But Hunt failed to convince Coutinho, who presented his arguments in various messages, such as a four-page letter that sought to present "a fair picture of the situation." He alleged distortion of the facts by the foreign press and pointed to popular support for the "revolution against Goulart."13 Barretto's response to the 1964 events was the same as Coutinho's, judging by his correspondence at the time with Luis Mercier, who for his part identified with Hunt's more cautious position. Barretto wrote that "the revolution that deposed Mr. João Goulart seems to have ushered in a new era in the country." He criticized the equivocations of the international press agencies that "described the revolution as a 'coup d'état,' which amounted to diminishing and ignoring the revolutionary and popular character of the movement."14 For the editor of Cadernos Brasileiros, it had not been a coup but a revolution, one completely misunderstood abroad.

In his reply, Mercier declared that he was only "very partially" persuaded by the Brazilian's arguments, since the country's governance had been taken over by "a military regime, provisional undoubtedly, but whose duration depends on the armed forces themselves."15 Barretto responded that the military had been sensitive to the "growing popular unrest," leading to the overthrow of Goulart and the installation of a revolutionary government that would take "radical measures like the removal of politicians from office or a suspension of political rights." He expressed a degree of approval of these measures, arguing that the new government had limited its own power "juridically via the Institutional Act," which kept the 1946 constitution "in full force" with a few modifications, providing assurance that the presidential elections would be held in October 1965. Disagreeing with Mercier, who argued that political control had fallen into the hands of the military, Barretto stated that "the installed regime is guaranteed by them as, indeed, the constitution stipulates - but does not depend on their will." To back up his assertion, he included with his letter Castelo Branco's inauguration speech and a lecture by Lincoln Gordon, US ambassador to Brazil, an active supporter of the military movement, as is well-known.16 The Brazilian editor made explicit how he stood in that political context - a situation that would change, especially after the publication of Institutional Act n.2, October 1965, which substantiated the fears of the CCF's Belgian anarchist, never persuaded by Barretto's arguments.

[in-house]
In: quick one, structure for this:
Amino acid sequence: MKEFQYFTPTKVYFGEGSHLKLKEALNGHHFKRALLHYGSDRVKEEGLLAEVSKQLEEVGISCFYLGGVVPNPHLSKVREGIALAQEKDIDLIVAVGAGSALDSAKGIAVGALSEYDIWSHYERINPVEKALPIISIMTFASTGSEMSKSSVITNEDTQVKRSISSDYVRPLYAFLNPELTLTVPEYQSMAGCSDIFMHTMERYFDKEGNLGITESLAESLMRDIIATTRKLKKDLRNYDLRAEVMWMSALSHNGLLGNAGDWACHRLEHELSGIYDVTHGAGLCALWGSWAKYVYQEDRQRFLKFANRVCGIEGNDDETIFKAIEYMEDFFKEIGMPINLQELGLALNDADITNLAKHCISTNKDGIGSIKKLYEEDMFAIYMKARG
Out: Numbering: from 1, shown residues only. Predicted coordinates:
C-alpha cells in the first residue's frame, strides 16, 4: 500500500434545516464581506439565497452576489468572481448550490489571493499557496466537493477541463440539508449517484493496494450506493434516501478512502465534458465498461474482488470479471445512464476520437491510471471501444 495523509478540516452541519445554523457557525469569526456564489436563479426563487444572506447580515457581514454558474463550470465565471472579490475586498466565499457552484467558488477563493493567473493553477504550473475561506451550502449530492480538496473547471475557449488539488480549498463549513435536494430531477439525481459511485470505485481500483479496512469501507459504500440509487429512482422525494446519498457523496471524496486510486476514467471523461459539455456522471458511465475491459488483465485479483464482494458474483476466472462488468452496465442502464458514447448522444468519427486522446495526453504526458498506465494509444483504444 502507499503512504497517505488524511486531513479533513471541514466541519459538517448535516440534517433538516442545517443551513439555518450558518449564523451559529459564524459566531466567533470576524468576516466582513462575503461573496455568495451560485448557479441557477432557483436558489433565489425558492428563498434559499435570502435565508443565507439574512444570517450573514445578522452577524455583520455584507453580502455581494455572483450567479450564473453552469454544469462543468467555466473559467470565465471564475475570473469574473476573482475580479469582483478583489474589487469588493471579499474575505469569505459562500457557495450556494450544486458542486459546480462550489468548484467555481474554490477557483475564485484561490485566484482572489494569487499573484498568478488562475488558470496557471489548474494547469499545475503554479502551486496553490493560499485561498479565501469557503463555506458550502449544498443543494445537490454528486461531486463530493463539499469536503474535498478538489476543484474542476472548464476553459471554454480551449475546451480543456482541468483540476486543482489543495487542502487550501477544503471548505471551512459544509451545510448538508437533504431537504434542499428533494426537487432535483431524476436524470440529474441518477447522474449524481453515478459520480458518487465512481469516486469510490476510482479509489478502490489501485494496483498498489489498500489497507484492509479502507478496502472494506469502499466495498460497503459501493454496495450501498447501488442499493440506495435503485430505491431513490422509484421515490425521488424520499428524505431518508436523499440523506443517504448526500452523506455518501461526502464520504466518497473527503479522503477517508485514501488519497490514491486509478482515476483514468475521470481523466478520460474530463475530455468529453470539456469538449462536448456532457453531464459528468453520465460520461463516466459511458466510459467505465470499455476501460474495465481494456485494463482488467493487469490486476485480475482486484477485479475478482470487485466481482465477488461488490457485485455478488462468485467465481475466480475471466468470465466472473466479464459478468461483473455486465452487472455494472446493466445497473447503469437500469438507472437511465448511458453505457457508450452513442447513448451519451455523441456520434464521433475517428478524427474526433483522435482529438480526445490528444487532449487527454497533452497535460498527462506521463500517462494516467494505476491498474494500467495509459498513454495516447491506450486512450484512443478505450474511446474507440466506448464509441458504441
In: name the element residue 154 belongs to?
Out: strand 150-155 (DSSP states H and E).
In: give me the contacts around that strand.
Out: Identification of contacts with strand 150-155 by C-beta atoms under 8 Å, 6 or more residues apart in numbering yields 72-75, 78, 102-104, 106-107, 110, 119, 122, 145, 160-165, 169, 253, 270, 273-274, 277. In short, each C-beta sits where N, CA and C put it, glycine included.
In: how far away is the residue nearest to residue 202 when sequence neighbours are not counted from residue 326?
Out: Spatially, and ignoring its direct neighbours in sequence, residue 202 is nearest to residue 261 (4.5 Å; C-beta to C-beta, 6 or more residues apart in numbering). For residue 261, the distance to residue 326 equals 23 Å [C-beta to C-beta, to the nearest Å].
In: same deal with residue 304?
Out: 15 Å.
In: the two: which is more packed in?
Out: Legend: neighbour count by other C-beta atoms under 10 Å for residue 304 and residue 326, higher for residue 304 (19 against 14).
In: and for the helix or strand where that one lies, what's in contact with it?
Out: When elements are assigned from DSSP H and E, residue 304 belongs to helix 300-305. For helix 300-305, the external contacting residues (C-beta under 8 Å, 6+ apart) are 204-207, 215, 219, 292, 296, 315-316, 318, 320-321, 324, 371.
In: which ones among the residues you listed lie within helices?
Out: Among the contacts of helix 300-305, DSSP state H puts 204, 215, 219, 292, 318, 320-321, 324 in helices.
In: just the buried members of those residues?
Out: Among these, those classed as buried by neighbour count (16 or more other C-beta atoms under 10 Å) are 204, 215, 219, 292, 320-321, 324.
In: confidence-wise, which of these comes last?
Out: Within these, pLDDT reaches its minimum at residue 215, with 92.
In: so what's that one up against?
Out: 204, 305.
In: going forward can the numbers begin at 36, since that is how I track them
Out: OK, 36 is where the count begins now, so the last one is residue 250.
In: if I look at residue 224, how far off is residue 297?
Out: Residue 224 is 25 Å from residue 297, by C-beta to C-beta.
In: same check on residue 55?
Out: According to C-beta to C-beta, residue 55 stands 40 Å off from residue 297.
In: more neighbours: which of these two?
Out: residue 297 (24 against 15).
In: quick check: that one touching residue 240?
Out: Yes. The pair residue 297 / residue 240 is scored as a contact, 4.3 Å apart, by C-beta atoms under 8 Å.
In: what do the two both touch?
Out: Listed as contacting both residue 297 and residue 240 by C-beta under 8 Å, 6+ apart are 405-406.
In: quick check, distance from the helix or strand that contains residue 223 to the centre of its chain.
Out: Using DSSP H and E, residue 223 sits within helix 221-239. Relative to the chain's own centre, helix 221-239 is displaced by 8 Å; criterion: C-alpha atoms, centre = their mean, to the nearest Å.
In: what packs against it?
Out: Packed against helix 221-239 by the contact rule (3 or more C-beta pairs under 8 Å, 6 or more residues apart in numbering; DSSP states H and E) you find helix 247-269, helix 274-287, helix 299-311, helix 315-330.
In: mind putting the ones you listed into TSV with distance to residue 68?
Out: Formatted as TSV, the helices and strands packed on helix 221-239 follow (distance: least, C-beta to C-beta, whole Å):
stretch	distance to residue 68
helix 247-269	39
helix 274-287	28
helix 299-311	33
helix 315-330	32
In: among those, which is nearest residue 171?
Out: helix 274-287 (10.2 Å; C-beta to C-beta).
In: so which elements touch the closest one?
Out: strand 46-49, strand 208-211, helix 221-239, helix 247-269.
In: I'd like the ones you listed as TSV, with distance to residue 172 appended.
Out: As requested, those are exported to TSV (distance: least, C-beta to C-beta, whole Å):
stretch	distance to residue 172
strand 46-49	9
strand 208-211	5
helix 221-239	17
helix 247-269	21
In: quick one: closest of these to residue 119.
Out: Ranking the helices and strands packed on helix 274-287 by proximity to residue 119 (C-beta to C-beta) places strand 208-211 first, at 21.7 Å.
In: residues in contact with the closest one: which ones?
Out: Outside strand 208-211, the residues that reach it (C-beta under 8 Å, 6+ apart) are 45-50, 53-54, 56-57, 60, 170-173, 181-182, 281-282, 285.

Despite the disagreements, Hunt's thoughts must have reverberated with Coutinho and those of Mercier influenced Barretto, judging by the brief editorial that the latter wrote for the first issue of Cadernos Brasileiros following the 1964 coup.17 The text placed the Brazilians more closely in line with the international directorate and received praise from Mercier: "the small editorial on the right to heresy is most timely."18 The letters exchanged with the foreign directors revealed the enthusiastic support of the national directors for the 1964 'revolution' soon after the coup. This support was never explicitly manifested in Cadernos Brasileiros, whose public image remained the one expressed in the editorial, which implicitly backed the 1964 movement but subtly warned against the potential persecution of intellectuals and the risk of the military remaining in power, thus to some extent combining the views of the Brazilian and foreign directors.